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Exports, imports fall, but trade turns surplus after 18 years

Source: PTI
July 15, 2020 21:15 IST
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Import segments which recorded negative growth include gold, silver, transport equipment, coal, fertiliser, machinery and machine tools. However, exports of oil seeds, coffee, rice, tobacco, spices, pharma, and chemicals reported positive growth in June.

India's exports fell for the fourth straight month in June as shipments of key segments like petroleum and textiles declined but the country's trade turned surplus for the first time in 18 years as imports dropped by a steeper 47.59 per cent.

Exports in value terms declined by 12.41 per cent to $21.91 billion in June on weak global demand due to COVID-19, official data released on Wednesday showed.

 

The outward shipments in June, however, recovered from a steeper decline of 60.28 per cent in April and 36.47 per cent in May.

Imports also plunged for the fourth month in a row by 47.59 per cent to $21.11 billion in June, leaving a trade surplus of $0.79 billion, the first time in the last 18 years.

Last time it was in January 2002 when India posted a trade surplus of $10 million.

Oil imports declined by 55.29 per cent to $4.93 billion in June.

Gold imports plunged 77.42 per cent to $608.7 million.

Exports sectors which recorded negative growth include gems and jewellery (-50 per cent), leather (-40.5 per cent), petroleum products (-31.65 per cent), engineering goods (-7.5 per cent), ready-made garments (RMG) of all textiles (-34.84 per cent), and cashew (-27 per cent).

Import segments which recorded negative growth include gold, silver, transport equipment, coal, fertiliser, machinery and machine tools.

However, exports of oil seeds, coffee, rice, tobacco, spices, pharma, and chemicals reported positive growth in June.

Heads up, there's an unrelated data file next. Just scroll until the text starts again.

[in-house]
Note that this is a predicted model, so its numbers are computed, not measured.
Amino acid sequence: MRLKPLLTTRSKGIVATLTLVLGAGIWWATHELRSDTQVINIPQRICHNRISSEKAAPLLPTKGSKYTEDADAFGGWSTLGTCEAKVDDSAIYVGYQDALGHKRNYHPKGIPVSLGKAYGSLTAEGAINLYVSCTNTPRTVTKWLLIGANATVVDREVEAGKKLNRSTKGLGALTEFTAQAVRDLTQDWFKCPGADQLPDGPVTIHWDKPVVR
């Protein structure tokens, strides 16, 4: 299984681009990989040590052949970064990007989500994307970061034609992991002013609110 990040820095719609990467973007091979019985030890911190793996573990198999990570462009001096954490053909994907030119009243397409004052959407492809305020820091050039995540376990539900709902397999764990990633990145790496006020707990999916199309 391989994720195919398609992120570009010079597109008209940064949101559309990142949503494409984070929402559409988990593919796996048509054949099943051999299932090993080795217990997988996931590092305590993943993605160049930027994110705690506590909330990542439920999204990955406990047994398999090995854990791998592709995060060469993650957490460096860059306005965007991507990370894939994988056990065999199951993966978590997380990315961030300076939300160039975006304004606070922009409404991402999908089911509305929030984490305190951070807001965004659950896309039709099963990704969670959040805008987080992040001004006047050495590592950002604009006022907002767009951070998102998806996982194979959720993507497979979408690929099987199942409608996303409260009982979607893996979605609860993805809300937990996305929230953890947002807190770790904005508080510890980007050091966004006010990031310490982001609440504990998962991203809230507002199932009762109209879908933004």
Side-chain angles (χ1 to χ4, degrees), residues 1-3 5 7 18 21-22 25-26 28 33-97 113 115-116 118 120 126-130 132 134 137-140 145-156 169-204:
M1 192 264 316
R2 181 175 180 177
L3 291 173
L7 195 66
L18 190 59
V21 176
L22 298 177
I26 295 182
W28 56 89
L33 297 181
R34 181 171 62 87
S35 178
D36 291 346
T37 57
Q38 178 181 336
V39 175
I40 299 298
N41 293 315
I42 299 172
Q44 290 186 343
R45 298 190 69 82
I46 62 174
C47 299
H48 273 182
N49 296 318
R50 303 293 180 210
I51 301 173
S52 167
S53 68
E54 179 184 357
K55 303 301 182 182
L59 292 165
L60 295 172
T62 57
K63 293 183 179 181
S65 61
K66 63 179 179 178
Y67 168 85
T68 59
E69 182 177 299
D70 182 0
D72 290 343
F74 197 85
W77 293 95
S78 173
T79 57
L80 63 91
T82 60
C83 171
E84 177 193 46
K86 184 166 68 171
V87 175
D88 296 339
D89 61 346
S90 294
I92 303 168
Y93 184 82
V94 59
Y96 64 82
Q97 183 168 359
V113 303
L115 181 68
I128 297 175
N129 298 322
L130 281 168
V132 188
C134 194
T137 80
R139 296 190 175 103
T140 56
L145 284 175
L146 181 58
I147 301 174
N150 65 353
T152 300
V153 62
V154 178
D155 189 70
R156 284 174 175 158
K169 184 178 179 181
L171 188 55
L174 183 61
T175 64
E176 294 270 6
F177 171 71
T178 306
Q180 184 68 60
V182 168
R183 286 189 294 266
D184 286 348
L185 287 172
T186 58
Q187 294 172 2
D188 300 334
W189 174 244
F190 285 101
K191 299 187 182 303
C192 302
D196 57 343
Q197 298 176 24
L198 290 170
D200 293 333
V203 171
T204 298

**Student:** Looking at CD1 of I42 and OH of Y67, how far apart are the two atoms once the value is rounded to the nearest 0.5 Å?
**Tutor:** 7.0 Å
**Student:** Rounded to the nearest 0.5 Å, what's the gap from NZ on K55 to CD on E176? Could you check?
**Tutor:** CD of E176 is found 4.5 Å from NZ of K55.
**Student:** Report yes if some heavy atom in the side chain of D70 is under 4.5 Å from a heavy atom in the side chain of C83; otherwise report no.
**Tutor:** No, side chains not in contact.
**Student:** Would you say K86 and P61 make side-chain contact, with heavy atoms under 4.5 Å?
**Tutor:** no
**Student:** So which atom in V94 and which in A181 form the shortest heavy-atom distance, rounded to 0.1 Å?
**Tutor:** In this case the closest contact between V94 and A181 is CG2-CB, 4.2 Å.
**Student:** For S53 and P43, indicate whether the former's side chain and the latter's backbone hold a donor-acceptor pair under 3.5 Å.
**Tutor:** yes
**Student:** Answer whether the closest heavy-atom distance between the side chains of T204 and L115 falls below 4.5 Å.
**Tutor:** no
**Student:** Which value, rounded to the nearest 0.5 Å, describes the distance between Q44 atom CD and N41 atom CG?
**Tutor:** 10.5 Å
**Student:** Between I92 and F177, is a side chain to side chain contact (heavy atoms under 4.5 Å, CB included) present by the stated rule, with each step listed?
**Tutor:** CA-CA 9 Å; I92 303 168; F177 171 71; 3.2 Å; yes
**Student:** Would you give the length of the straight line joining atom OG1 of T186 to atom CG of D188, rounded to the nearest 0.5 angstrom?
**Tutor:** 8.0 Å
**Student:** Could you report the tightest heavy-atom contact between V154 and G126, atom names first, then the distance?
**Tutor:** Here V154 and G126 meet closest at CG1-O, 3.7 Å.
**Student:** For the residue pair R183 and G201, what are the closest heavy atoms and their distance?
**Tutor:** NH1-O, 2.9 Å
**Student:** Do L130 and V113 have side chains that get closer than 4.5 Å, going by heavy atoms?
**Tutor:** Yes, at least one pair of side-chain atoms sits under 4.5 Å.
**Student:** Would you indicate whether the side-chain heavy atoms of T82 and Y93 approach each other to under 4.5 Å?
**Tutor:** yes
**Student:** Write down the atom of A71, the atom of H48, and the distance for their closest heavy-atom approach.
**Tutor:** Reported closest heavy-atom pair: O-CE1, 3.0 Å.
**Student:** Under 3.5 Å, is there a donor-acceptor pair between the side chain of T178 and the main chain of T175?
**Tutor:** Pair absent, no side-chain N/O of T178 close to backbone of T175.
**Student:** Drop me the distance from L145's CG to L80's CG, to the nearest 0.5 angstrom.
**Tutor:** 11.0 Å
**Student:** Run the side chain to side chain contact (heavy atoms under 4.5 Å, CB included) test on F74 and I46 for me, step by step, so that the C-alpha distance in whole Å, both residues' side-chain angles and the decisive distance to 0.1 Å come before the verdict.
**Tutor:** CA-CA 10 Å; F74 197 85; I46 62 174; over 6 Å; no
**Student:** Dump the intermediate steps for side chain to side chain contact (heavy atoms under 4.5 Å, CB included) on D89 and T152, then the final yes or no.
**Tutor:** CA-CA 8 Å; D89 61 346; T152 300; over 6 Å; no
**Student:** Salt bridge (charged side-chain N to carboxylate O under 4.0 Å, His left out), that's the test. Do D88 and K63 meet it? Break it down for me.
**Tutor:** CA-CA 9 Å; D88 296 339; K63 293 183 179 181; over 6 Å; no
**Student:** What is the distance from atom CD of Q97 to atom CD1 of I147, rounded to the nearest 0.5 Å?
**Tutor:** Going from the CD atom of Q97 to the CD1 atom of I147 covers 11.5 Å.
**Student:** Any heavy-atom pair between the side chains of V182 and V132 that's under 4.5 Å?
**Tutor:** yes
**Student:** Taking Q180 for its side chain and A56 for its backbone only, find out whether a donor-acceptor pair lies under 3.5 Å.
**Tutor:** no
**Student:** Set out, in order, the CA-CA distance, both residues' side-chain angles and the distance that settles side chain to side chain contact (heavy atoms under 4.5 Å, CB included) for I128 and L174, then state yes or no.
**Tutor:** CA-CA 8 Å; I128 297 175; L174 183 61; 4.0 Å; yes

Commenting on the numbers, Indian Oilseeds and Produce Export Promotion Council (IOPEPC) chairman Khushwant Jain said that oil seed exports are recording growth on account of healthy output and steps taken by the government to promote shipments.

"The growth rate will continue in the coming months also. The commerce ministry is resolving all our issues," Jain said.

Mohit Singla, chairman of Trade Promotion Council of India (TPCI) said as the forward and backward linkages of economic activity are gradually repairing, the supply shock is fading and thus making produce readily available to meet demand.

"Many workers are returning back to work mainly in the manufacturing sector which is normalising the manufacturing activities and thus preparing industry to meet the global demand," Singla said.

ICRA Ltd, principal economist Aditi Nayar said while merchandise exports charted a recovery in June, merchandise imports continued to languish, resulting in trade surplus.

"However, the underlying dynamics of this trade surplus remain unpalatable, given the implications for the strength of domestic demand.

“Given the delayed recovery in imports, we expect the merchandise trade deficit to shrink to around $10-12 billion in Q1 FY2021 from around $46 billion in Q1 FY2020...We expect a current account surplus of around $14-16 billion in Q1 FY2021," she said.

Responding to June export figures, FIEO president Sharad Kumar Saraf said that the June figures show a trade surplus of $0.79 billion and last time it was in January 2002, more than 18 years back, when India had posted a trade surplus.

"However, we have to analyse imports, as such a steep decline in imports may hamper the industrial recovery in coming months.

“I am of the view that the focus should be on FTAs to further revive our exports and take up competition coming from smaller countries like Vietnam," he said.

During April-June 2020, exports fell by 36.71 per cent to $51.32 billion while imports shrank by 52.43 per cent to $60.44 billion.

The trade deficit stood at $9.12 billion during April-June.

Oil imports in April-June 2020-21 were $13.08 billion, 62.47 per cent lower as compared to $34.85 billion in the same period last year.

Since 2011-12, India's exports have been hovering at around $300 billion.

During 2017-18, the overseas shipments grew by about 10 per cent to $303 billion and further to $330.08 billion in 2018-19 and $314.31 billion in 2019-20.

Photograph: Reuters

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